Device setup

If you are new to LoPy/FiPy, I recommend you start with updating your device firmware and go on with REPL & uploading code. To upload code you can use FTP, the Pymakr Plugins or use something like the mpfshell. I prefer mpfshell. With mpfshell you can easily manage the data on your device similar to an ftp client program and also access the REPL prompt.

After your are familiar with your device and updated to the latest firmware, it’s time to install the MicroPython RuuviTag Scanner. Copy the ruuvitag directory from the repository to your device /flash/lib/ directory.

In example with mpfshell on Linux with the device connected to ttyUSB0:

  1. Clone the repository:

    git clone https://github.com/rroemhild/micropython-ruuvitag.git
    
  2. Go to the module directory:

    cd micropython-ruuvitag
    cd ruuvitag
    
  3. Copy the files to your device

    mpfshell ttyUSB0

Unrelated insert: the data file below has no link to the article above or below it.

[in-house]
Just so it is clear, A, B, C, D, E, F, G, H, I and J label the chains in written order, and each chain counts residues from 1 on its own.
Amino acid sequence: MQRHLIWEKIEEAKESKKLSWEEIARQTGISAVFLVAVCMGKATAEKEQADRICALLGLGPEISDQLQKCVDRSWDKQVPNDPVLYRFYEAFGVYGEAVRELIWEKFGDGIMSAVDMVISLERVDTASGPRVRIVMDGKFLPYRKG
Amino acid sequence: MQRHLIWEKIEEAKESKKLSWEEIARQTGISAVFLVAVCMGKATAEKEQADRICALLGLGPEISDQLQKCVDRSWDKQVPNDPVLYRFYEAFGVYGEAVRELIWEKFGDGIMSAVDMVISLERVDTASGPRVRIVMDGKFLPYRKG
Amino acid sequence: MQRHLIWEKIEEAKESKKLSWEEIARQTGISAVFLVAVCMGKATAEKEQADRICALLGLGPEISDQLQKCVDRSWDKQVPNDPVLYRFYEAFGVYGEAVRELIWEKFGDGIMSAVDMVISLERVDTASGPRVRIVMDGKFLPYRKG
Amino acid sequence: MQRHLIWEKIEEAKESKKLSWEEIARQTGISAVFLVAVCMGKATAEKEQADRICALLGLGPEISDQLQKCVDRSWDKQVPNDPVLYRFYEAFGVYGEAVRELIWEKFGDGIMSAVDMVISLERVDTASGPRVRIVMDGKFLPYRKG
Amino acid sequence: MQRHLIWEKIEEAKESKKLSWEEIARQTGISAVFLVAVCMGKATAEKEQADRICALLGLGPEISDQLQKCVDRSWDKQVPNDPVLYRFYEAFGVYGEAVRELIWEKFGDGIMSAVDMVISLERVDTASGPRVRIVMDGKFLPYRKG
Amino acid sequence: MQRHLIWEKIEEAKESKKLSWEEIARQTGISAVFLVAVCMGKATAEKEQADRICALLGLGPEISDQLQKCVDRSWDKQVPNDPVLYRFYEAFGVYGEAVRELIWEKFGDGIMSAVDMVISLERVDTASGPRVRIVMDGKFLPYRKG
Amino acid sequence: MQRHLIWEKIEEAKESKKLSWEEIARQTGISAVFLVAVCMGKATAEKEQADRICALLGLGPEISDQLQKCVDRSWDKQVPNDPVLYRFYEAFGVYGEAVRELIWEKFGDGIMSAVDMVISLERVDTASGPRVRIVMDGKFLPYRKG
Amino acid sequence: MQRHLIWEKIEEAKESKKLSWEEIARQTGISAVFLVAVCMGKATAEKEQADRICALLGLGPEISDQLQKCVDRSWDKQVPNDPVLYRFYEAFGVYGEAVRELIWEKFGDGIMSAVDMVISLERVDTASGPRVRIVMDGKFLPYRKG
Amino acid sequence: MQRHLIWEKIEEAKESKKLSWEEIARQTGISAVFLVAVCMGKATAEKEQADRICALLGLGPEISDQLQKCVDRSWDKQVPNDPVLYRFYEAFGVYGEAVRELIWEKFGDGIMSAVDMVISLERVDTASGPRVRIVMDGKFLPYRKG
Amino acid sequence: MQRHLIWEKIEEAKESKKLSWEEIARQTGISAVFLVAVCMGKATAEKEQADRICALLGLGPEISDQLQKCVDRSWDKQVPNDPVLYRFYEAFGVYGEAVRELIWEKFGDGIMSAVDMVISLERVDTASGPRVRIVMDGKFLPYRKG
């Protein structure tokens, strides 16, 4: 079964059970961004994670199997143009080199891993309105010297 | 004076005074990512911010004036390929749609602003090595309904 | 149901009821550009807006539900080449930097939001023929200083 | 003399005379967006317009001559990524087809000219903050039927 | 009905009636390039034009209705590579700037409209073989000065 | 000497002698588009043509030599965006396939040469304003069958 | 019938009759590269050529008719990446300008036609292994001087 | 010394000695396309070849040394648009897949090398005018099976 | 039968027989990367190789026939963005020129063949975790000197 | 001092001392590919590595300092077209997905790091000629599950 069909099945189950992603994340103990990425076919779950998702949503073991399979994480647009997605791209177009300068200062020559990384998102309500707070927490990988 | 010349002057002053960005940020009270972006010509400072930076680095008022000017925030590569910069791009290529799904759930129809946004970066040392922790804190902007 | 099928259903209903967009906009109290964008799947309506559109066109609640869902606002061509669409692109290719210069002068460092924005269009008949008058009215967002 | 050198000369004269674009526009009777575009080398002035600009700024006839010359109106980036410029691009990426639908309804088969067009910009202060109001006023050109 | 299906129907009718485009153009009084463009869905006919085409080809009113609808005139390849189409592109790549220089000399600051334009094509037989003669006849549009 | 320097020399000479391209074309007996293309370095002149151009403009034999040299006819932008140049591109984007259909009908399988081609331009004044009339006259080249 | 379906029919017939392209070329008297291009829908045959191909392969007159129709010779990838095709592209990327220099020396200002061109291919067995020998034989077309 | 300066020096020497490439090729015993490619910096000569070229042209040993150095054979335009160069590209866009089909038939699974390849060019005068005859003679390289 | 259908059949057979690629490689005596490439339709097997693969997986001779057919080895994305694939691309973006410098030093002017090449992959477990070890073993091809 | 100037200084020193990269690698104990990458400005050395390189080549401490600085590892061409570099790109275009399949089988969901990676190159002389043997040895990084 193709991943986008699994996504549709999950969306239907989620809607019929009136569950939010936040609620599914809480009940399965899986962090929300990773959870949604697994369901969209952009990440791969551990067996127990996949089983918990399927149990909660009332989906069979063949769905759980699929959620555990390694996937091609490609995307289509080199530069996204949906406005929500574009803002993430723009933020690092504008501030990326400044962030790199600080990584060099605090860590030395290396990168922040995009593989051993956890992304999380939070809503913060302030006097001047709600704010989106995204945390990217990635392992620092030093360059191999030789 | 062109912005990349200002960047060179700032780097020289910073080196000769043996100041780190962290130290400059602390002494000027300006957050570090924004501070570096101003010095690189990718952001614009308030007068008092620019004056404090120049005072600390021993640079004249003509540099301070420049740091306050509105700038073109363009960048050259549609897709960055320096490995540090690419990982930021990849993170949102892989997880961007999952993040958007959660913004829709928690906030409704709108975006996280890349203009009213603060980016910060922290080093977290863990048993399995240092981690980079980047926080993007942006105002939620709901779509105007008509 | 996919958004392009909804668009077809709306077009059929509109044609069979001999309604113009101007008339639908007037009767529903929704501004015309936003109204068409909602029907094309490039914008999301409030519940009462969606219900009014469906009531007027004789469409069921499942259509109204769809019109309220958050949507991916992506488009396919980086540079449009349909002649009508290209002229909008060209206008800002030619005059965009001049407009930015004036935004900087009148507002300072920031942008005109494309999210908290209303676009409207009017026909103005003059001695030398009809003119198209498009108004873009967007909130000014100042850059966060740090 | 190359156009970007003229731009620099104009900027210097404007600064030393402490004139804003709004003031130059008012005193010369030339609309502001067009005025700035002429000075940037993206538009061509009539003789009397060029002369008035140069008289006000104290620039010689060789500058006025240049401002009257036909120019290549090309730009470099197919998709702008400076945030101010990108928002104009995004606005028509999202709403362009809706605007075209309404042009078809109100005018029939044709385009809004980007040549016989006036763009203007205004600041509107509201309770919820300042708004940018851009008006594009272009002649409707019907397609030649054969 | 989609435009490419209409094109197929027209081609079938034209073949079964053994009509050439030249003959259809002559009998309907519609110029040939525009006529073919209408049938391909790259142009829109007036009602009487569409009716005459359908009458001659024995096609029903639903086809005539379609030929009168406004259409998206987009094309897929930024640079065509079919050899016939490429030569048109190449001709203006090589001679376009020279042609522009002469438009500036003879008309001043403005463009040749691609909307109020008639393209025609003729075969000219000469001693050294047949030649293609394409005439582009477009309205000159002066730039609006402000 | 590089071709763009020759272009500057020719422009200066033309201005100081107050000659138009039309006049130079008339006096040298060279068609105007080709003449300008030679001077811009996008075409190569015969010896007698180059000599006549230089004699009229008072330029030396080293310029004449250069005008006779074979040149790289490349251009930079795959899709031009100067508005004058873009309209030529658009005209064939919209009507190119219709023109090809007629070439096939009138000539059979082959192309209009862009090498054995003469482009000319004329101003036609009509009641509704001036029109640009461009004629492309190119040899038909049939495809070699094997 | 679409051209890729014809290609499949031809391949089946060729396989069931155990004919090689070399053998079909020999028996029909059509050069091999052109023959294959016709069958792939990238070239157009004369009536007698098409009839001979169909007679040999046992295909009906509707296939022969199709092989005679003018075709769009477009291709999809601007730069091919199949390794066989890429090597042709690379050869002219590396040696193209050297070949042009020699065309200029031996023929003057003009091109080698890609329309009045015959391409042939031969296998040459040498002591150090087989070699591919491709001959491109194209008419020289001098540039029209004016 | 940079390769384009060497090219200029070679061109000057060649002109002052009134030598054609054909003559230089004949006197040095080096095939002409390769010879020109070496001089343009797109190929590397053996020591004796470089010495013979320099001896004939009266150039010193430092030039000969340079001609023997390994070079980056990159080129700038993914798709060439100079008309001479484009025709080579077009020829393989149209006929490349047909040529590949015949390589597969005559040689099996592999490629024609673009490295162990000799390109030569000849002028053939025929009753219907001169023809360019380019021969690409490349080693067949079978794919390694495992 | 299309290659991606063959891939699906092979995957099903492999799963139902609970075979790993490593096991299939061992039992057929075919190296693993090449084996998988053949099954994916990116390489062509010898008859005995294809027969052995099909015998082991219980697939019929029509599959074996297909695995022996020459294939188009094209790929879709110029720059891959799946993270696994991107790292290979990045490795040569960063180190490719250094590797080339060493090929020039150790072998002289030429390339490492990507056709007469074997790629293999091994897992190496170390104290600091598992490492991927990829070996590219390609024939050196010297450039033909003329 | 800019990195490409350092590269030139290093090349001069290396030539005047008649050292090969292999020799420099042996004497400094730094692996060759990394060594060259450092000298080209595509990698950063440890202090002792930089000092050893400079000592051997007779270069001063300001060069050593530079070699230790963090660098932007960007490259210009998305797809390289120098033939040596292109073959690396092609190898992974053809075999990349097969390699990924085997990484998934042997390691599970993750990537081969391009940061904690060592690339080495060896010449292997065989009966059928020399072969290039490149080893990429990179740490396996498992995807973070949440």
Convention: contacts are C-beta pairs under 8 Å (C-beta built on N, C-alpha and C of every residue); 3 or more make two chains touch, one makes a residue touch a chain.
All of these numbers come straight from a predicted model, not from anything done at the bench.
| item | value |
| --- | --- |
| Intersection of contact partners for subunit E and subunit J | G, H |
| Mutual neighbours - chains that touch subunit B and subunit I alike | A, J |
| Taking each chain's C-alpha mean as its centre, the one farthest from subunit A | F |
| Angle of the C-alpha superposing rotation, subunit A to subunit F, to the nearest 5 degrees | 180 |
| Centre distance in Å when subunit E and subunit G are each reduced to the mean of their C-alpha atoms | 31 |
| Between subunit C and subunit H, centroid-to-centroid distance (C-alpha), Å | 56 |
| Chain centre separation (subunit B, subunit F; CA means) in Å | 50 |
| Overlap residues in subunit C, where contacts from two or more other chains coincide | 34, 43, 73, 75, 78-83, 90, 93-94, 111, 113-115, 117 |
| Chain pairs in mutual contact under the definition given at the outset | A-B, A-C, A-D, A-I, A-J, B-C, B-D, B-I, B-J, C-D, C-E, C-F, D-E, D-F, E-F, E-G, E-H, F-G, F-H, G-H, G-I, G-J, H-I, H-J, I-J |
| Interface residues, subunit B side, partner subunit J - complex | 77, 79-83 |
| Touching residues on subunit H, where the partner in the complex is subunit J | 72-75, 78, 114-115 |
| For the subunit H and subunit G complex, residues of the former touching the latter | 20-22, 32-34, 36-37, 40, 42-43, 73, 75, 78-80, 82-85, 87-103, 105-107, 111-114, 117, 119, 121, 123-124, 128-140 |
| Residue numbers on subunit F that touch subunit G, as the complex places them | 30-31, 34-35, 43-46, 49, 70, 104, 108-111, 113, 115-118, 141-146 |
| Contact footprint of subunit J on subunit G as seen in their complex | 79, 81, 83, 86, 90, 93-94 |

cd lib
    md ruuvitag
    cd ruuvitag
    mput .
    

TTN Device Registration

Before we can start hacking, we need to add our new device to The Things Network.

  1. Start a MicroPython REPL prompt.

  2. Run the following commands in the REPL:

    >>> import ubinascii
    >>> from network import LoRa
    >>> lora = LoRa(mode=LoRa.LORAWAN)
    >>> print(ubinascii.hexlify(lora.mac()).upper().decode('utf-8'))
    

This should print your Device EUI like:

70B3D5499C89D4CE
  1. Follow the steps to register your device.

Note

We’ll use the Over The Air Activation (OTAA) to negotiate session keys for further communication.

Disable WiFi

To disable wifi on boot, connect to the REPL prompt and run the following commands:

>>> import pycom
>>> pycom.wifi_on_boot(False)

This will disable WiFi on your pycom board and it will persist between reboots.

Hands on code